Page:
Steel Mills

Ternium Challenged by Pandemic and Low Steel Pricing

Written by Sandy Williams

“The second quarter has been one of the most challenging quarters I can remember,” said Ternium CEO Máximo Vedoya. Steel demand fell in the second quarter with steel companies in many regions shutting down blast furnaces. Ternium operations in Brazil and Argentina were able to keep operating, albeit at reduced volumes, and increased shipments to other Ternium facilities in the region. Net income for Ternium was $44 million with EBITDA declining only slightly from the first quarter.

Mexican shipments fell 29 percent sequentially in the second quarter due to market disruptions and shutdowns related to COVID-19. With pandemic restrictions easing in the country, manufacturing is making a gradual return. Auto, home appliances, lighting and electrical motors are running at full or near pre-COVID-19 capacity. Net sales for the Mexico division fell 3 8 percent to $851.5 million with shipments totaling 1.17 million tons. Average revenue per metric ton fell 17 percent year-over-year to $725. Shipments are expected to improve in the third quarter as Ternium’s Mexican production facilities return to normal production rates.

Private construction was slowing before the pandemic and came to a halt during the quarter. The sector is not expected to regain growth anytime soon. Infrastructure, on the other hand, is improving due to two large government infrastructure projects. A major infrastructure bill is not likely in Mexico due to cautious government spending. A major infrastructure bill in the U.S. will have little impact on Ternium shipments, but will “clearly favor prices and shipments from all the companies in North America,” said Vedoya.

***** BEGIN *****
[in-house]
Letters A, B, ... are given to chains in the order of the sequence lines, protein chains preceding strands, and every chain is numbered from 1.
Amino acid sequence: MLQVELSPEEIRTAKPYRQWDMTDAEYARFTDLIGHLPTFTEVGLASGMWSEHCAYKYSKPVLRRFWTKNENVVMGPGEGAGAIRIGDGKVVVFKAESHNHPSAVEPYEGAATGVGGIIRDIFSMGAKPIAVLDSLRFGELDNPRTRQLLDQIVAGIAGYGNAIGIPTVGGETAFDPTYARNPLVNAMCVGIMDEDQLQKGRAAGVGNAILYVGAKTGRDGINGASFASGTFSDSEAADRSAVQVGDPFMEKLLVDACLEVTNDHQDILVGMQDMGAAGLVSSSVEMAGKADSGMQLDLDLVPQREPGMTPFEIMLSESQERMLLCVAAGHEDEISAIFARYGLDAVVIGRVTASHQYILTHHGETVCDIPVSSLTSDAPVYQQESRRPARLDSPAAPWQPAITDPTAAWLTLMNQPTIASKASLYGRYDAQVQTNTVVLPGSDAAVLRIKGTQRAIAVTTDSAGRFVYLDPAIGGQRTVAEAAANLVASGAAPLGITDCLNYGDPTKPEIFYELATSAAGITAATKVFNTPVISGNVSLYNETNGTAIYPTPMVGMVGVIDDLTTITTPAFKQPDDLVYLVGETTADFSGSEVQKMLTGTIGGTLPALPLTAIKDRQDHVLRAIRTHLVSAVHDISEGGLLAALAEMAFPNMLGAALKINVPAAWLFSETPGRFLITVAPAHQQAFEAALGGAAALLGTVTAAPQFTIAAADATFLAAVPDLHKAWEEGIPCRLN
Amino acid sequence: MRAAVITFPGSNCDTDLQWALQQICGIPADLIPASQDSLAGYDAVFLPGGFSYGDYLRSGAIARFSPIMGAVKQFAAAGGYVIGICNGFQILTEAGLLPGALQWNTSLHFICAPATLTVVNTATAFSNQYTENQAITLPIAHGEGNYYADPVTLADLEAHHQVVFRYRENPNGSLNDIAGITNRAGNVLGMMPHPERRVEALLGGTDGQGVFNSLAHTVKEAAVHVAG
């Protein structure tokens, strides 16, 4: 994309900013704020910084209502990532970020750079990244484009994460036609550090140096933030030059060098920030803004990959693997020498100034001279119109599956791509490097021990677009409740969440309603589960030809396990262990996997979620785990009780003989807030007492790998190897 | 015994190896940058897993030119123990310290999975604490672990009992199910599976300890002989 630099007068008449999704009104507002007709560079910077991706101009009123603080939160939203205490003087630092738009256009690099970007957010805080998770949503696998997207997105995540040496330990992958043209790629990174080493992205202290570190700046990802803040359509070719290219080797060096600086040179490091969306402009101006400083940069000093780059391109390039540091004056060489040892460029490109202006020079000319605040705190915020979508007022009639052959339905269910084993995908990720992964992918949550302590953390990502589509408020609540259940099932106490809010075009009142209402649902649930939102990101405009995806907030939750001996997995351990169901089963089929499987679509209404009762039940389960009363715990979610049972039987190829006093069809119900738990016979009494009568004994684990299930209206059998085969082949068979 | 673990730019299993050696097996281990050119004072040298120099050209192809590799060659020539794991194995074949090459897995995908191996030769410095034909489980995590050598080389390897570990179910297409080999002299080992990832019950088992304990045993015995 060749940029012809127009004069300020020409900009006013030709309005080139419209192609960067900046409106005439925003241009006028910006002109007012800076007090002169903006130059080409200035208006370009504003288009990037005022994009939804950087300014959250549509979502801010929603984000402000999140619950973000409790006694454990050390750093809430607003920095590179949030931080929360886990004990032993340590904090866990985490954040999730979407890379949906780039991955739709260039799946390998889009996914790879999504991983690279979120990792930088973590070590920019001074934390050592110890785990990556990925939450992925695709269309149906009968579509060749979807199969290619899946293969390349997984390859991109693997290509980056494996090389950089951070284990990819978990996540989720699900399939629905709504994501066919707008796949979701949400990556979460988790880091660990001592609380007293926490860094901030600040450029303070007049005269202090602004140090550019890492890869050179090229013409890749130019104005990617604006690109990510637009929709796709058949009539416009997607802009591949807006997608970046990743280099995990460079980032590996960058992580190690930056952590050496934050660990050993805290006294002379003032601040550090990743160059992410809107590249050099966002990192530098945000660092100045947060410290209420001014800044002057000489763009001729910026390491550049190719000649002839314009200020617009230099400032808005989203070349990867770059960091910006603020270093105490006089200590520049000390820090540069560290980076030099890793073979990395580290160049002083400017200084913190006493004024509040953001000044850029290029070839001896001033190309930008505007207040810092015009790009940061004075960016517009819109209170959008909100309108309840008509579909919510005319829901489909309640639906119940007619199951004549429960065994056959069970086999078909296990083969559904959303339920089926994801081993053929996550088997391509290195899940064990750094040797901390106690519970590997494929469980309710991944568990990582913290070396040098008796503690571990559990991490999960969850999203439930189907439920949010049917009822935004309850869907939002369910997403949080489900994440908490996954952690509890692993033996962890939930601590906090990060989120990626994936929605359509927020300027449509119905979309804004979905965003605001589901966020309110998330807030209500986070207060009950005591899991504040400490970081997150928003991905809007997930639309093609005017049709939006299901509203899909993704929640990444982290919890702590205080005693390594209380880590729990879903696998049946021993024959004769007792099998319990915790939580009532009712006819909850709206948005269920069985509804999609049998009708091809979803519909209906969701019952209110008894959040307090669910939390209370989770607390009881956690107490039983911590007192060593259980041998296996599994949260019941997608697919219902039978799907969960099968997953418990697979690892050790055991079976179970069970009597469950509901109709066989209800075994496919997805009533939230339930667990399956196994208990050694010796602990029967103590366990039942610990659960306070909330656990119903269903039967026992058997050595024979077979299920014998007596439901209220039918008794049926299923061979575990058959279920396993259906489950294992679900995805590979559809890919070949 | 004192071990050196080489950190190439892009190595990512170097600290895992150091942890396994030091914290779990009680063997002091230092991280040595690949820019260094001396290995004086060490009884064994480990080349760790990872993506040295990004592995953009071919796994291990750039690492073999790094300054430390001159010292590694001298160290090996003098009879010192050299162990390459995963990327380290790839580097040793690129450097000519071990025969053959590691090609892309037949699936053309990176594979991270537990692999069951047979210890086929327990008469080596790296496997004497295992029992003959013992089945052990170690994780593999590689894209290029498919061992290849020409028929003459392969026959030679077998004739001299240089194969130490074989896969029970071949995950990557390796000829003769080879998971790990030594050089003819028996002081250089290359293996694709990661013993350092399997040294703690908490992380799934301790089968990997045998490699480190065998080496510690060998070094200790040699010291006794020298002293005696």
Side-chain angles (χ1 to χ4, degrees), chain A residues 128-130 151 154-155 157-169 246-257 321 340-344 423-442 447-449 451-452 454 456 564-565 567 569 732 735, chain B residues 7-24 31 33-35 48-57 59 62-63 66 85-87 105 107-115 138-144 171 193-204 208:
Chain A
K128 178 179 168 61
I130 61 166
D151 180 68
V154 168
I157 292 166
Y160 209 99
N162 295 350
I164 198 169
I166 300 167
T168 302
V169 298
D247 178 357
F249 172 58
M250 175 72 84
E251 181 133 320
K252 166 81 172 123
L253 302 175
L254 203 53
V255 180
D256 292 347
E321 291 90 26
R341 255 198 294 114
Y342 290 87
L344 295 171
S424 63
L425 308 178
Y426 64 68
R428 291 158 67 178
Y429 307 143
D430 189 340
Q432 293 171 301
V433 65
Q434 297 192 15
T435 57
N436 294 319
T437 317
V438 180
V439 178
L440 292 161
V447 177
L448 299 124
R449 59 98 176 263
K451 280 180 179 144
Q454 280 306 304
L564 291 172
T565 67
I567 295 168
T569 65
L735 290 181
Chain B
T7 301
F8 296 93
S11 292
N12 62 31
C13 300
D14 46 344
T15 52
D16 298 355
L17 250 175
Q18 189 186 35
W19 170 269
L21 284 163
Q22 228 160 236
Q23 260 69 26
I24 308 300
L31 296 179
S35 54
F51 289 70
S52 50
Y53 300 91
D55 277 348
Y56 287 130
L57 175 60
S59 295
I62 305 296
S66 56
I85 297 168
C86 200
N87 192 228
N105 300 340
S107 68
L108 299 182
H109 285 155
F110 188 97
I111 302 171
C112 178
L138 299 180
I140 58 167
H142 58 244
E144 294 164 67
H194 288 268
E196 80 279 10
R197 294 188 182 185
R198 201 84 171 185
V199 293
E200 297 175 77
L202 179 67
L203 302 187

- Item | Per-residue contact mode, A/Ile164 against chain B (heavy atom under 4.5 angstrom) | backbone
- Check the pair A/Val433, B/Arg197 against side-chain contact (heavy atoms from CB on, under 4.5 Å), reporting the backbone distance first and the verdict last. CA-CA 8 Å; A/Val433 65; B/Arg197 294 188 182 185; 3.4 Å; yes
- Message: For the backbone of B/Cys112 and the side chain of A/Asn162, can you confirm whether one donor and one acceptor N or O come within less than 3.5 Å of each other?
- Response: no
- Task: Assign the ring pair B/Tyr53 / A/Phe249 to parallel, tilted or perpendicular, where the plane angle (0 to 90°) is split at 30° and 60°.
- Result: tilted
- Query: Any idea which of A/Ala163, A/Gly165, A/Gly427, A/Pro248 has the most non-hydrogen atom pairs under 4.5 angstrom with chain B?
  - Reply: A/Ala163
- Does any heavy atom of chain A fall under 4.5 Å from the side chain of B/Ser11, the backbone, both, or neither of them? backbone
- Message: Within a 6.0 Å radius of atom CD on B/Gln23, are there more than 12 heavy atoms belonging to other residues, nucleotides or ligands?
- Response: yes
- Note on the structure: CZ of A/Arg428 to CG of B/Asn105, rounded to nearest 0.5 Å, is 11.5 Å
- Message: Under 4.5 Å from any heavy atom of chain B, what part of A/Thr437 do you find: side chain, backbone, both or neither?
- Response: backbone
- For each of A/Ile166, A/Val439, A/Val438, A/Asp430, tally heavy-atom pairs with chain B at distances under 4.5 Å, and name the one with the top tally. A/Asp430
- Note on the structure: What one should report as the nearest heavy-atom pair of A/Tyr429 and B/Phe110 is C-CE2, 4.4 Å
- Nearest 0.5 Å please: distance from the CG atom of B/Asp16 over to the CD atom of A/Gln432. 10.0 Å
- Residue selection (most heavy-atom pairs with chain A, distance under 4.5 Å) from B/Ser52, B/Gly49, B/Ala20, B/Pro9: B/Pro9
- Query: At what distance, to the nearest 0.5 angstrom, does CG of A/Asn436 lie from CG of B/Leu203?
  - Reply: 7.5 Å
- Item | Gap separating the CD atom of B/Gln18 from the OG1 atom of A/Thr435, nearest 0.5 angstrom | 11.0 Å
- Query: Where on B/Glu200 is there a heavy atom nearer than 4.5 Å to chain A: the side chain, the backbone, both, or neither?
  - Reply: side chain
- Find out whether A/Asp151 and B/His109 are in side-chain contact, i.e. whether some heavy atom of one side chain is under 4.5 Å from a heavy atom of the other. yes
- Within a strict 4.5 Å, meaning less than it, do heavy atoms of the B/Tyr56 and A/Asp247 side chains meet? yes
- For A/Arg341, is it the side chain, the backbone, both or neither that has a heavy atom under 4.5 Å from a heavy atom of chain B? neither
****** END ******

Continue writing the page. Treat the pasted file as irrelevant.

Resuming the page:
Slab exports from the Brazil operations increased during the second quarter and were partially offset by fewer shipments to third parties domestically. Utilization rates are expected to increase significantly in Q3 with more shipments within the company and to third parties.

So far, proposed quota changes for the slab export agreement with the U.S. have not materialized. “I would say that with the way prices are today in the U.S., I think it’s more profitable to export slabs somewhere else than to the U.S.,” said Vedoya, noting the minimal price difference.

On steel pricing in general, Vedoya was surprised at the low prices in the U.S. “I think that prices in North America are in a level that we haven’t seen in quite a while…almost $30 below domestic prices in China. This has not happened since I don’t remember when. I think the last time was about 2009.”

Vedoya said that imports to the U.S. are not causing depressed pricing, but instead are due to low demand and market share competition between domestic steel mills.

“Having said that, prices in the U.S. should improve, sooner than later,” said Vedoya. “Because it doesn’t make any sense, these prices compared with prices in the rest of the world.”

Ternium is not likely to push a huge price increase due to an uncertain outlook. Also, 50 percent of sales in Mexico are locked in contracts with second-quarter prices being realized in the third quarter.

Vedoya was asked if the Mexican market might “decouple” from the United States due to U.S. oversupply and pricing. Vedoya said prices in Mexico are driven by imports from Asia and only slightly from the U.S. With prices as low as they currently are, Asia imports will decline. “So, if this tendency of prices continues in the U.S., it is probable that in some of our markets in Mexico we are going to decouple from the U.S.” 

Editors Note: Ternium CEO Máximo Vedoya will be one of the featured speakers during the SMU Virtual Steel Summit 2020 later this month.

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